Sing Falling Water

Reviewed by Elisabeth Whitehead


                                                    This road will make you forget
                                               most everything but the meadowlarks


Refrain begins 

              With a Bird:              cardinal, kingfisher, crow, vireos (who sing falling water)
              And Birds:                who talk softly in their sleep / as this poem talks in mine
              Trees:                         hornbeam, juniper, red oak, sycamores
              Then Sky:                  night’s coinage of stars or daybreak’s burst persimmon
              And the roads:          that will bring us there: 194 east, 66 south, that sweet 16 up
of Tazewell into Welch

Merrill Gilfillan’s Red Mavis (Flood Editions, 2014) casts the repeating characters of the natural world in this collection of poems (distilled, haiku-sized poems to longer prose poem reflections). Repeat: moon, mountain, small fire to warm your hands by, bird and birds, vireos (who sing falling water), and the red mavis herself, known for the lines of her repeating song.  In poems of pilgrimage, we travel to the Blue Ridge, to Roan Mountain, to Smokey Hill River, to the South Platte. There is road and forest and stream, but striking also is what is absent from the page: the life of crowds, of speed, of cities, a daily grind. At first I thought this absence would result in quiet poems of sanctuary, a place of rest, the still eye of our lives we can (dream to) escape to. But instead I found a saturation of the senses, the electricity waking up beneath a simple scene, what might normally be missed by a lack of attention. Slowing down and removing the noise of distraction highlights the aliveness of small, still moments. A different type of sanctuary. (Get perfectly still and instead of silence, hear your own heart, your blood running full through your body.)  So the poems slow to the meadowlark, to the cottonwood, they slow to sharpen, define, cut, carve, and intensify the experience of one moment.  Like a Japanese sumi-e painting, the poems remove the distractions of many, and heighten, making piercing and vivid, the experience of one maple, one sparrow. Gilfillan’s description of the magpie’s nature speaks to the nature of the poems themselves: Magpies will / be there…tasting everything / in sight: earth, stone, grass, bone.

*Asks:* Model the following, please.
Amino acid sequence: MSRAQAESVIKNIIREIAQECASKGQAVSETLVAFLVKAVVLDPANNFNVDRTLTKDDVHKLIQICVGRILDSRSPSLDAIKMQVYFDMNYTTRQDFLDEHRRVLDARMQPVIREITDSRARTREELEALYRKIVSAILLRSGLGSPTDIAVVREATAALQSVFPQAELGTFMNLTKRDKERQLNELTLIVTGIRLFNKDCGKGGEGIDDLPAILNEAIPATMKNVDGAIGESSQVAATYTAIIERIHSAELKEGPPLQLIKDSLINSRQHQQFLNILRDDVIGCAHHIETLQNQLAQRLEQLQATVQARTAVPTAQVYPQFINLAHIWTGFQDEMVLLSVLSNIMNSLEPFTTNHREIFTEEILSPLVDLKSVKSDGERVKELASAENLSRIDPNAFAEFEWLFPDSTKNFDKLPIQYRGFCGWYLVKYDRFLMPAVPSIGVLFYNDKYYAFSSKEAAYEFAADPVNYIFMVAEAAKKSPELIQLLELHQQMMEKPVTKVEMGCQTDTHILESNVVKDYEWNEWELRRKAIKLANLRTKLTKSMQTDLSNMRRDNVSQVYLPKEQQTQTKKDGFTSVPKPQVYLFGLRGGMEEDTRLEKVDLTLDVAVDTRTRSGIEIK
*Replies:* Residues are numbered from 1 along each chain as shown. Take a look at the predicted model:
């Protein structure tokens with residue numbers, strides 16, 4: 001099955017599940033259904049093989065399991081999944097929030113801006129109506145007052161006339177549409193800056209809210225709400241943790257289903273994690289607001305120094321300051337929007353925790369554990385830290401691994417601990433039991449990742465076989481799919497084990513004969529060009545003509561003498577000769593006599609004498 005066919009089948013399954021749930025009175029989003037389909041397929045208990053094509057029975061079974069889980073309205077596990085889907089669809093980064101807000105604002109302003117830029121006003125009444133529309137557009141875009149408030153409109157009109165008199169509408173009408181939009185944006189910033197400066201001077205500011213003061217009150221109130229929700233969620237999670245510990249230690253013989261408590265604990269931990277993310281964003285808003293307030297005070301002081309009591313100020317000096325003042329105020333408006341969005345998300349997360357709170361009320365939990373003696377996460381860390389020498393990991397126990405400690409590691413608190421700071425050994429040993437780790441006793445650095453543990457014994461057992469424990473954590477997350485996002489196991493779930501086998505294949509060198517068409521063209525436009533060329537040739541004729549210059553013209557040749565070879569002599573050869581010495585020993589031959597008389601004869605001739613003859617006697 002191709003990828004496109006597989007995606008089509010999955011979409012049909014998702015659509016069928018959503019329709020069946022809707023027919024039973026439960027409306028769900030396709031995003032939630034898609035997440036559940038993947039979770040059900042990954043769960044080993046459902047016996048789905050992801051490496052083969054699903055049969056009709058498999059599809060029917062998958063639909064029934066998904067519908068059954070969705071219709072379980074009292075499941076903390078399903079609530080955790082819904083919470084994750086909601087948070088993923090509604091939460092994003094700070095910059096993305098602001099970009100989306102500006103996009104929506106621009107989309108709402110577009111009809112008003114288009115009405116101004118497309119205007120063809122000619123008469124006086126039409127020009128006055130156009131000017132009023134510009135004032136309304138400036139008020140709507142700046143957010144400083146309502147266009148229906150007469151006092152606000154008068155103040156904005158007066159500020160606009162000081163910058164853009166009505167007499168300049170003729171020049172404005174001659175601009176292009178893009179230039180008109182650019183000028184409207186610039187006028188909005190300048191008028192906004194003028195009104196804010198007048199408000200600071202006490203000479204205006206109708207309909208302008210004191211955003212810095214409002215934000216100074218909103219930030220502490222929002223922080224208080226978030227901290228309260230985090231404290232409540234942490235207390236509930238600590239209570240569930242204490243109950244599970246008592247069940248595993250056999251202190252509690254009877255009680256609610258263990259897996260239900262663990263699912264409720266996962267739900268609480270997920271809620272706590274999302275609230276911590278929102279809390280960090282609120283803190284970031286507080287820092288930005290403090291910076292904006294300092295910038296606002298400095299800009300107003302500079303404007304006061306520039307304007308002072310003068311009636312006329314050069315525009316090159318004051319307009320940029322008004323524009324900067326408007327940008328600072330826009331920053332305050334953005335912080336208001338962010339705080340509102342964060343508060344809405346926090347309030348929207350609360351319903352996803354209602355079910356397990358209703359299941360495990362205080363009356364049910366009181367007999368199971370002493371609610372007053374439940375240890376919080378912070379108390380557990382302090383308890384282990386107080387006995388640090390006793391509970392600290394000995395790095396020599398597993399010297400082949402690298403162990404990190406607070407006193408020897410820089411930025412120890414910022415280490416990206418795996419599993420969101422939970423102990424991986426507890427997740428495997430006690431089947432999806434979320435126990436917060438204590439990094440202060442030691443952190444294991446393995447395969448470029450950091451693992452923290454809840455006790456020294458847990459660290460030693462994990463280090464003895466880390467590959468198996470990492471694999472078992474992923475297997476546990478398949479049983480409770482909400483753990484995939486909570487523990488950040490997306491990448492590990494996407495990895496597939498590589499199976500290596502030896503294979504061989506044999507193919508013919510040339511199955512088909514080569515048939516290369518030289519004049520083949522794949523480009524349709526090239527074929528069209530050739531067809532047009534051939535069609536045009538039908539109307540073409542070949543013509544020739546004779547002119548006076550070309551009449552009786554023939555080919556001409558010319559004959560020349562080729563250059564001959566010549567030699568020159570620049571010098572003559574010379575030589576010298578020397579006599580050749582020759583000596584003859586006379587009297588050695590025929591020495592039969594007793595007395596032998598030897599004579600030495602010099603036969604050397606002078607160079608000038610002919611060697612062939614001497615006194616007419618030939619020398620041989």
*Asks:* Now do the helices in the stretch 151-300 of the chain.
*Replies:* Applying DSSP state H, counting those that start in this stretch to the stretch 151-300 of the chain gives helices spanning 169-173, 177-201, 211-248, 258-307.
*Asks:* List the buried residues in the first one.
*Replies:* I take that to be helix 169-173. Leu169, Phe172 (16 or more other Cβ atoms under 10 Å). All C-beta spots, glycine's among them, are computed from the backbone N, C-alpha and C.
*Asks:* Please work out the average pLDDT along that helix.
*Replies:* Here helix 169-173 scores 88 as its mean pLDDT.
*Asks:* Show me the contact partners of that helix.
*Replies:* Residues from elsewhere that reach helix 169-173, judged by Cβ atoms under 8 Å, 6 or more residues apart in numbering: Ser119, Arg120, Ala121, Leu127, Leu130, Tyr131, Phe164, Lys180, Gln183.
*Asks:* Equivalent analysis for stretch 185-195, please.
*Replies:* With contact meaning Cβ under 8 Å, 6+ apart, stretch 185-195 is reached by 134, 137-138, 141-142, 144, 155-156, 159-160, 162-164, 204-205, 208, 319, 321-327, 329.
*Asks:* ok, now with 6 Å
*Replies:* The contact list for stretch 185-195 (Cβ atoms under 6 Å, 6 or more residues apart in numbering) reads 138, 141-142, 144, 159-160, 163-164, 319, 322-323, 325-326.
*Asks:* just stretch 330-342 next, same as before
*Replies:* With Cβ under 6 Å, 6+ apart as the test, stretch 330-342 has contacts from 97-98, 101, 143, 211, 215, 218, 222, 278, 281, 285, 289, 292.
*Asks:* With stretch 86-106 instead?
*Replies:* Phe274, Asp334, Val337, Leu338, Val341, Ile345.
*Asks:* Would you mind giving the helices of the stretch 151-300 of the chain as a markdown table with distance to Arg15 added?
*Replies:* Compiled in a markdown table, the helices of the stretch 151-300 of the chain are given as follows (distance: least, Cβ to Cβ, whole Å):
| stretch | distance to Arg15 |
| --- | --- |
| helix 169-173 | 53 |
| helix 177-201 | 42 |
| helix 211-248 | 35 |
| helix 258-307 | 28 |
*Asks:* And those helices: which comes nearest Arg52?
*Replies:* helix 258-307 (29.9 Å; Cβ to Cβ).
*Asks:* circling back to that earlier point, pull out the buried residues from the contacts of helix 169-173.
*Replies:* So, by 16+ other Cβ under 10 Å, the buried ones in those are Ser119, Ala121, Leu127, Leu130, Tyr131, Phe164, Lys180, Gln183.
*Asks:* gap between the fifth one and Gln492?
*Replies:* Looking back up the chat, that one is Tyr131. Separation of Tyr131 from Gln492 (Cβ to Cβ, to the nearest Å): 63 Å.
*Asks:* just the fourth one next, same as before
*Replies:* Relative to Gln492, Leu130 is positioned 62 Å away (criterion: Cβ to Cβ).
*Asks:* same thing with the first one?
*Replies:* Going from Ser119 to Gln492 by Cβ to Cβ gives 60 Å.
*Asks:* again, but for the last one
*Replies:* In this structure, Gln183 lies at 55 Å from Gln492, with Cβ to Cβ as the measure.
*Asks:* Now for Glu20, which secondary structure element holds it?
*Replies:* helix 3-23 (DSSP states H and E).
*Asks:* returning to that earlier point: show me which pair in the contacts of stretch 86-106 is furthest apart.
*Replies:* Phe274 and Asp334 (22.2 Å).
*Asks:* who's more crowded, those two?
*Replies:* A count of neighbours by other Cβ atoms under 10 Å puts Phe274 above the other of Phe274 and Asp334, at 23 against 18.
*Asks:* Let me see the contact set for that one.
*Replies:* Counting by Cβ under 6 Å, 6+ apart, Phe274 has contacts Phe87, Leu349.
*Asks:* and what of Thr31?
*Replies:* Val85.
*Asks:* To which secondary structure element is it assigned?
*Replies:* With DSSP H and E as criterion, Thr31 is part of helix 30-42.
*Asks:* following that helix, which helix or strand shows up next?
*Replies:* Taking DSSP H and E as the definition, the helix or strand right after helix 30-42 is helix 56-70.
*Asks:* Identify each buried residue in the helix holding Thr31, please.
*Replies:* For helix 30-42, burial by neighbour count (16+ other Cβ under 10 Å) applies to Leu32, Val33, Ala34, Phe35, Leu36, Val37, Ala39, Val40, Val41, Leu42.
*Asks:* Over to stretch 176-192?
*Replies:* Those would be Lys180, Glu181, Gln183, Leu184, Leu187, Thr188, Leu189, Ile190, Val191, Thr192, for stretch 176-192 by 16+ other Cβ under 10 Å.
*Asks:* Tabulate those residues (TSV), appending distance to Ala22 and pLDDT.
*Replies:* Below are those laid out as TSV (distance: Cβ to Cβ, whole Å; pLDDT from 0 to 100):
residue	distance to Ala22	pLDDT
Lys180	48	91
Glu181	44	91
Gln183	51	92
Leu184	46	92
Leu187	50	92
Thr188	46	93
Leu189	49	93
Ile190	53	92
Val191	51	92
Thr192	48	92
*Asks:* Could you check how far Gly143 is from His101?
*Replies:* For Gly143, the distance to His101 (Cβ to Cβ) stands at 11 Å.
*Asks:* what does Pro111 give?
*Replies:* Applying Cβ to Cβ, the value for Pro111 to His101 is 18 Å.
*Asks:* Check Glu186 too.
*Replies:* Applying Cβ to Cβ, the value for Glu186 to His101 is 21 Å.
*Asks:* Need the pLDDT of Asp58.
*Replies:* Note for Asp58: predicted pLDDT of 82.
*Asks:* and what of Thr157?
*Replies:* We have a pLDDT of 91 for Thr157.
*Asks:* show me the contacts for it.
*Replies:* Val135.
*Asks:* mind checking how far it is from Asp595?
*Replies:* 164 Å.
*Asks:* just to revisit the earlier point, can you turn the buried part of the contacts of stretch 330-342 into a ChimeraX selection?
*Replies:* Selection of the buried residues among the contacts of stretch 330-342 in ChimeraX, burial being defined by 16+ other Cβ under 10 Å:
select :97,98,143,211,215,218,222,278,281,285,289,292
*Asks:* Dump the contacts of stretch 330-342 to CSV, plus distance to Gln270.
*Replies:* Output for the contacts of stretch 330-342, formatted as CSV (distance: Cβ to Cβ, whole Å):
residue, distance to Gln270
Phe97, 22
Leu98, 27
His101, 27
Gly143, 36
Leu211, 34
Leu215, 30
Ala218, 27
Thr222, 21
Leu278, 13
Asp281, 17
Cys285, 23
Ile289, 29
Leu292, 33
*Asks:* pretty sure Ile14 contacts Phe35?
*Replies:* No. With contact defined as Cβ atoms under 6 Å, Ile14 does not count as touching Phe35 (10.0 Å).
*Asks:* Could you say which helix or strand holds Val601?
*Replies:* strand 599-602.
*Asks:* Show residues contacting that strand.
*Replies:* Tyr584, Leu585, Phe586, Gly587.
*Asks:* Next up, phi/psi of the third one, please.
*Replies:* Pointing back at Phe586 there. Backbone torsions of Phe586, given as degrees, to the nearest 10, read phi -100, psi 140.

Gilfillan watches light filter through the trees in the mountains and describes it as texture, saturating the moment with its intensity, making it real and tangible as stones that you could bend down, pick up, and hold: 

                                         The mountains missing leaves,
                                         low sun: pearled, pebbled, bossed—
                                         hints of plum, glints of elderberry, almost
                                         a calico.

In slowing down, a moment is saturated in color:
                                          Even the river stones
                                          show early autumn: wet scarlet,
                                          sugar-maple bronze.

Saturated in sound:  

                                        A late cicada sizzles, hums. Men turn to see.

In light:   

                                         at midnight, the scent of trampled mint   
                                         as strong as the moon.

Although depicting scenes that are both highly specific and particular in place (Cumberland Mountain, Swannanoa) the poems also feel universal, as though you could be anywhere, stopping to observe deeply the rustle of the limbs of a tree in wind. Too, there is something slippery in the boundaries between things, between seasons, geography, sky and water, human and nonhuman, where different orbits easily and happily collide. Autumn leaves are described as being slippery as snow. To convey the deep, silky black of a night sky and its stars, the description settles not in the sky, but in the water below: Rigel leaves a ripple-- / otter / through black water. A tree is described as wearing a human mantle: Rhododendrons trail their fingers / in the river. Jumping from scene to scene, to landscapes, to seasons, and to different qualities of light, gives the book both a transient, lightly moving quality, but also, in the particularity of naming and sharp description, an anchored or grooved feeling. It strongly embraces a place (tasting everything in sight), but doesn’t cling to it. It is this balance that allows for a deep seeing/observation, acceptance, and the love that allows (is necessary) for clear sight.

Elisabeth Whitehead

Elisabeth Whitehead grew up in the Washington D.C. area and in Japan. She currently lives near Winston-Salem, North Carolina where she teaches writing at Wake Forest University. A chapbook of poems, "To the Solar North," was recently published in A Third Instance by Instance Press.